2017 was a difficult year for human rights: since the Universal Declaration of Human Rights was adopted 70 years ago, it appears that we are now reaching a point where the universal acceptance of human rights is being eroded. Increasingly polarised political spheres and growing support for populist governments are resulting in policies that scapegoat minorities, attack the under-represented and persecute those who oppose these governments.

In this atmosphere, protection of human rights, the rule of law and an independent legal profession are more important than ever. This makes the work of the IBAHRI more important than ever. Since its establishment in 1995, the IBAHRI has endeavoured to defend fundamental human rights through the promotion and protection of the independence of the legal profession, and by providing members of the global legal community with the tools needed to do the same.


As part of its ongoing projects in the Americas, the IBAHRI provided torture-prevention training to legal professionals, including judges and public defenders, across Brazil and Mexico. In El Salvador, the IBAHRI brought a high-level delegation of experts on the rights to justice, truth and historical memory to meet with legal professionals, the executive, armed forces, CSOs and academia with a view to achieving justice effectively and realising the rights of those who suffered human rights abuses as a result of the 12-year civil war. Additionally, the IBAHRI continued to monitor the emblematic trial of Venezuelan Judge María Lourdes Afiuni, and sent open letters to President Donald Trump of the United States, which criticised the President and his administration for actions the IBAHRI felt were ‘diametrically opposed to the defence of human rights’.

In Asia Pacific, the IBAHRI worked with the newly established Independent Lawyers’ Association of Myanmar to continue its work in the country, and has been running a trial observation programme to ensure those responsible for the death of prominent lawyer U Ko Ni are brought to justice. In Timor-Leste, the IBAHRI has consolidated its presence in the country by seeking to strengthen the legal profession and supporting the creation of its first national bar association.

The IBAHRI launched a mentorship programme for junior Azerbaijani lawyers that linked them with more experienced senior lawyers, and held a Law Student Conference in Baku, among other activities intended to advocate for the rights of legal professionals in the country. We also facilitated attendance at various OSCE Meetings for lawyers in GeorgiaKazakhstan and Tajikistan as part of the IBAHRI’s ongoing work in Europe and Central Asia.



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In Tajikistan, reforms undertaken by the Qualifications Committee set up by the Ministry of Justice drastically decreased the number of practising lawyers.

Read more about the situation of Tajik lawyers and the work the IBAHRI has done in partnership with the Tajikistan Barristers’ Union here:https://tinyurl.com/y7rhftx4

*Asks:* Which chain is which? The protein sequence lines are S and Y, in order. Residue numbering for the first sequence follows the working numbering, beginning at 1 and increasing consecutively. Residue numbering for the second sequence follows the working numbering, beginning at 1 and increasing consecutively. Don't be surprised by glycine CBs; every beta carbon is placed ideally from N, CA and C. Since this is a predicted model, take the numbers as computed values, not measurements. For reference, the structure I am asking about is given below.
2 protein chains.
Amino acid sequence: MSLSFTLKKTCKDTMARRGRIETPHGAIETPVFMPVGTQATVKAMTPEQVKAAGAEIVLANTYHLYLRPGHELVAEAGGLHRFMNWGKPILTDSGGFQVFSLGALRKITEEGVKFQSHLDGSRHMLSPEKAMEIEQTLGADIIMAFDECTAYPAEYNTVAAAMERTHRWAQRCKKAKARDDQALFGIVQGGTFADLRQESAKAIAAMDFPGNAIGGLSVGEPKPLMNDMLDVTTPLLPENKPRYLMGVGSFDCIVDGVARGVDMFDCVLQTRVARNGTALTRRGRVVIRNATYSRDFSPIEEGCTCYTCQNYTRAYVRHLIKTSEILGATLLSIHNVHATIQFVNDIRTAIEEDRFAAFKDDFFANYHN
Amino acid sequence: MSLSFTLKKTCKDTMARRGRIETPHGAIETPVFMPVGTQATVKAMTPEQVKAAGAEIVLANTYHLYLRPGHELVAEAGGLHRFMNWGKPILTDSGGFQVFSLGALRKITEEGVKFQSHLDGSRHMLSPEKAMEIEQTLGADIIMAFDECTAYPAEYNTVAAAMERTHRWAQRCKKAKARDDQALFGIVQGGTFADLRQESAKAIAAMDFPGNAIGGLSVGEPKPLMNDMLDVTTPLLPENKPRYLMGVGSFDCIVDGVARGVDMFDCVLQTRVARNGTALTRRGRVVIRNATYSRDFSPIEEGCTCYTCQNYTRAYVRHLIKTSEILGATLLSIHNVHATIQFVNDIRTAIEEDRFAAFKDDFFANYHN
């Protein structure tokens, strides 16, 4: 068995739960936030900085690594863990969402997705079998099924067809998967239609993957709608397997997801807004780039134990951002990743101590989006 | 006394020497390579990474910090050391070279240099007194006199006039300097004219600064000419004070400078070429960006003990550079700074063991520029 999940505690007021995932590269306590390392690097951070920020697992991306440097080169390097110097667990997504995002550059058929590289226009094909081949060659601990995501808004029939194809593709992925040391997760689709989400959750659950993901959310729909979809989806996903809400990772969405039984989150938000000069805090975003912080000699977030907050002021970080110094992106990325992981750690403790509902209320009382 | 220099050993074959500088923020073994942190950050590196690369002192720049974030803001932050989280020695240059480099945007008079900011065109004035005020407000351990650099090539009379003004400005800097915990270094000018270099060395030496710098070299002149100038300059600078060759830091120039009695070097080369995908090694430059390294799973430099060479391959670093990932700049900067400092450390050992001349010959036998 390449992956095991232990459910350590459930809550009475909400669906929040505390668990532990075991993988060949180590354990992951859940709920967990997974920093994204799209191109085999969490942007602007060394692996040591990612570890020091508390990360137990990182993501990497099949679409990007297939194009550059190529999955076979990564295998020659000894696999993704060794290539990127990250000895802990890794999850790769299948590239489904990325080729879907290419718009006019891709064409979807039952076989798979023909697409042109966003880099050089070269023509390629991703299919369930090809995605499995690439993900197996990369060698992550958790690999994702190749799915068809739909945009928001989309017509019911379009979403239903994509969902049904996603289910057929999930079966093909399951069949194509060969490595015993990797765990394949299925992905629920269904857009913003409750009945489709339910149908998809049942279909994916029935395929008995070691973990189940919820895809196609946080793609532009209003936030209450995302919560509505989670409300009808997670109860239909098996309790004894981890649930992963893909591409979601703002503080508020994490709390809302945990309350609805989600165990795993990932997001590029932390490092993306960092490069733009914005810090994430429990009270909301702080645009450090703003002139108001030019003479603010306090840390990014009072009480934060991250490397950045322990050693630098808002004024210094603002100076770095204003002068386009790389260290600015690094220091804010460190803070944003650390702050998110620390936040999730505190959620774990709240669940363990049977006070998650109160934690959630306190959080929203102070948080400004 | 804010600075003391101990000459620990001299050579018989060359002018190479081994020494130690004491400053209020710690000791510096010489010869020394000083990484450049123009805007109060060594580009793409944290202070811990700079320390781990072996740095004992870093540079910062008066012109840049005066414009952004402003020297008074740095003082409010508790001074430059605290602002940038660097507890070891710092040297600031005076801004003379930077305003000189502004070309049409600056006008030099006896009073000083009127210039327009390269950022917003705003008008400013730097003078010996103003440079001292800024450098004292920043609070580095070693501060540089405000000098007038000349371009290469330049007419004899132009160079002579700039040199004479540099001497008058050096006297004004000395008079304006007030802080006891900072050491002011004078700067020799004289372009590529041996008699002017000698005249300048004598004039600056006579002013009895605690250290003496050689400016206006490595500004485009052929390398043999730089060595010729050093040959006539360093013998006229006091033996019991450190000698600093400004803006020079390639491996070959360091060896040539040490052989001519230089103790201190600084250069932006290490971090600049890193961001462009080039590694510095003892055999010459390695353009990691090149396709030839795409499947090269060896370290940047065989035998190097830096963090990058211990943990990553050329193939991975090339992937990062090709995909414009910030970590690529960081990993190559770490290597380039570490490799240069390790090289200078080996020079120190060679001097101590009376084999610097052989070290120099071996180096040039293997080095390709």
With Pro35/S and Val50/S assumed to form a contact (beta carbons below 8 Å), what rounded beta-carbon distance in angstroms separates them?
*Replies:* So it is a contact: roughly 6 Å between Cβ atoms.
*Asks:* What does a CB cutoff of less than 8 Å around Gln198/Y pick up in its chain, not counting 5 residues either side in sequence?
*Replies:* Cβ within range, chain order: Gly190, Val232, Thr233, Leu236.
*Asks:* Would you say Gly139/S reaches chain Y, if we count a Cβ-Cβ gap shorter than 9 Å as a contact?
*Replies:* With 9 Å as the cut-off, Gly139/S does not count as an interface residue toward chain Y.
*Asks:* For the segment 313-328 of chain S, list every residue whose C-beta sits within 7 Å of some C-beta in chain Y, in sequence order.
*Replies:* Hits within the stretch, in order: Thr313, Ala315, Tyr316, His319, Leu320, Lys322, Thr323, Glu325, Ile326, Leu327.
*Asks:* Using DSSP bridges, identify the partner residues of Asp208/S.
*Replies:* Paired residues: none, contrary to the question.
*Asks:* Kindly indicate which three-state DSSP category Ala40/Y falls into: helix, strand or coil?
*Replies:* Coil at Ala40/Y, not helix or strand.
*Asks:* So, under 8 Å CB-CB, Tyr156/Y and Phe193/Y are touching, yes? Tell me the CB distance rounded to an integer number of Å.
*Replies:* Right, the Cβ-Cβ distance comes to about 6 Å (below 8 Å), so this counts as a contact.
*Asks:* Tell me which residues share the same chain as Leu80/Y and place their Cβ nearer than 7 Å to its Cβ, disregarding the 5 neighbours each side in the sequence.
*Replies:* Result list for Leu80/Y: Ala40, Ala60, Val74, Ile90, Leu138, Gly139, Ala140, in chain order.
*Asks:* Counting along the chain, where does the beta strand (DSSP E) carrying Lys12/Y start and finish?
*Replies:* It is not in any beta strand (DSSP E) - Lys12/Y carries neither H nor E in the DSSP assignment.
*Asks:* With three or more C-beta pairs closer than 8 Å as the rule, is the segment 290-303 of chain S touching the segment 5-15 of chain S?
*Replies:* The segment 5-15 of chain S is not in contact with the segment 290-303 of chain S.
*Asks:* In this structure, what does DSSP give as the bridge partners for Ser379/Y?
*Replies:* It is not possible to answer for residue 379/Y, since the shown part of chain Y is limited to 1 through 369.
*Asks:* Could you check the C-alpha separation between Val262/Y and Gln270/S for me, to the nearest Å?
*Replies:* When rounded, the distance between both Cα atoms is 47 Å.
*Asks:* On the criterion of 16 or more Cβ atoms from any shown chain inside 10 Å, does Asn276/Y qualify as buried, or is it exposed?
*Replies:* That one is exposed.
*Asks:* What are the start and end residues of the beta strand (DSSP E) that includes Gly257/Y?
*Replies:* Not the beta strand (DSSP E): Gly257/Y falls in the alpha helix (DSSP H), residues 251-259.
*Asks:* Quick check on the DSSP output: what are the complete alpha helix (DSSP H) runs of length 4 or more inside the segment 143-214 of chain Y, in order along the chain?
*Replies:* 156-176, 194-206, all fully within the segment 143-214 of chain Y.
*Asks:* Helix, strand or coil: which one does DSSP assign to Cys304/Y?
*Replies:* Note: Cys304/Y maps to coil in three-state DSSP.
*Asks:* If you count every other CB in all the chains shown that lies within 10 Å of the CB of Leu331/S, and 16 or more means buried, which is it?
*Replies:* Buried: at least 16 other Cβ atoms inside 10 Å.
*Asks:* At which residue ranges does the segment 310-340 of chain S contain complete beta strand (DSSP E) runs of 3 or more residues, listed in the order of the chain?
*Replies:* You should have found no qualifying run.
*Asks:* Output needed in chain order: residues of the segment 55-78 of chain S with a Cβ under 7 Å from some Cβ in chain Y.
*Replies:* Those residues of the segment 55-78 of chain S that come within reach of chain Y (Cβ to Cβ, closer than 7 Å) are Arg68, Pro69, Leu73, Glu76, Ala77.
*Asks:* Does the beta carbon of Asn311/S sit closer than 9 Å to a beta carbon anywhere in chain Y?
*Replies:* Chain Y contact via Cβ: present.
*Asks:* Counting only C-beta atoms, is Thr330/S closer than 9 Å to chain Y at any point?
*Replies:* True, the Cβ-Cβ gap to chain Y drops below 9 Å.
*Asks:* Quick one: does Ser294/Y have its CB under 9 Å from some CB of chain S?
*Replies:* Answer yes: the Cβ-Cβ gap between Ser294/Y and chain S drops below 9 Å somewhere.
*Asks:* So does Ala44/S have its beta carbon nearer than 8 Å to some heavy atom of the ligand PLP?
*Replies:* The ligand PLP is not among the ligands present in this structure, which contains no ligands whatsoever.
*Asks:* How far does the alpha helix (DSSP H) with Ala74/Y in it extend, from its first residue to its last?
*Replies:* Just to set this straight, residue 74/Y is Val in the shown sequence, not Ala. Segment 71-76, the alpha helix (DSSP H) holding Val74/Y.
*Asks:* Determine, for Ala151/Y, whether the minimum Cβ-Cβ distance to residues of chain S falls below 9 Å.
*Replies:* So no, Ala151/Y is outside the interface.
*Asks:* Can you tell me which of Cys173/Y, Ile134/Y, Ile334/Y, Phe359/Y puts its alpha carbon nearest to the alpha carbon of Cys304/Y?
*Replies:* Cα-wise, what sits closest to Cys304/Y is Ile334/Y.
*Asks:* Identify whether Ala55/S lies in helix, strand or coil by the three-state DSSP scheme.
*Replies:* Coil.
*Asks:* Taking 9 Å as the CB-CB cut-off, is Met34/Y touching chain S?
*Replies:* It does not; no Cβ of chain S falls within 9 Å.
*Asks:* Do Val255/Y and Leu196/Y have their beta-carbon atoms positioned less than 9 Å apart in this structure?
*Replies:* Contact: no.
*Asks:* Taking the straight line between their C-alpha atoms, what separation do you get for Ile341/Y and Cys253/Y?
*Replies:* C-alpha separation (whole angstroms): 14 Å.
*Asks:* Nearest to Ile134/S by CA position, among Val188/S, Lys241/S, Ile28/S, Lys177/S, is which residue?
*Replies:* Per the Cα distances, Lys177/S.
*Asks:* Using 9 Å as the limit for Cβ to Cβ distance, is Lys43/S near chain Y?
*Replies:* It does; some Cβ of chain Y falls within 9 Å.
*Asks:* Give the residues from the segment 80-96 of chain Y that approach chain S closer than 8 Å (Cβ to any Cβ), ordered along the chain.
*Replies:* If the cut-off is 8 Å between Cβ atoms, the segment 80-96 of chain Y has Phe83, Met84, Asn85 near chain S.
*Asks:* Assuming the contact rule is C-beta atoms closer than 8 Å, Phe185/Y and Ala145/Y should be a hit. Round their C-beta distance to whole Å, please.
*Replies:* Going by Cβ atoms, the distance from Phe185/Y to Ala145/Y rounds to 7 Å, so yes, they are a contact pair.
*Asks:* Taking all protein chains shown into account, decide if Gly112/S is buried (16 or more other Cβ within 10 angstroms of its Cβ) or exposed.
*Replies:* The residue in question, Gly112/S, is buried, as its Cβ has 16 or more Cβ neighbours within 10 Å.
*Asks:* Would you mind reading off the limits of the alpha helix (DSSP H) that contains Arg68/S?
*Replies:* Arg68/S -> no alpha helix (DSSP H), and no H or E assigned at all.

(International Bar Association’s Human Rights Institute Facebook, 9/5/18)

USA/Ecuador/Canada: In New Attack, Chevron Trying to Disbar Lawyer Who Helped Win Historic $9.5 Billion Judgment After 8-Year Trial

March 1, 2018

Faced with a series of stunning legal setbacks in the world’s largest environmental case, Chevron is now trying to orchestrate what appears to be a politically-motivated disbarment of American human rights lawyer Steven Donziger after he helped indigenous and farmer communities win a $9.5 billion judgment against the company over the dumping of billions of gallons of toxic oil waste onto ancestral lands in Ecuador’s Amazon rainforest.

The move comes at a time when Chevron is stepping up its attacks on the indigenous groups and their lawyers following three consecutive unanimous defeats in Canadian appellate courts – including one by Canada’s Supreme Court – in a country where the Ecuadorians are threatening to seize vital company assets to pay for their court-mandated clean-up. Just days ago, Chevron publicly attacked prominent Canadian attorney Alan Lenczner after he won the right to depose a high-level corporate official over what appear to be billions of dollars of irregular payments by the company’s Canadian subsidiary to the governments of Nigeria and Indonesia.

Chevron also recently lost an effort in the Ontario Court of Appeal to impose a $1 million costs order on the indigenous groups in an effort to prematurely end the asset seizure litigation. A three-judge panel unanimously criticized the company for trying to end-run the law rather than deal with credible allegations it had committed fraud both in Ecuador and the United States, all of which has a led to a criminal referral of the company to the U.S. Department of Justice.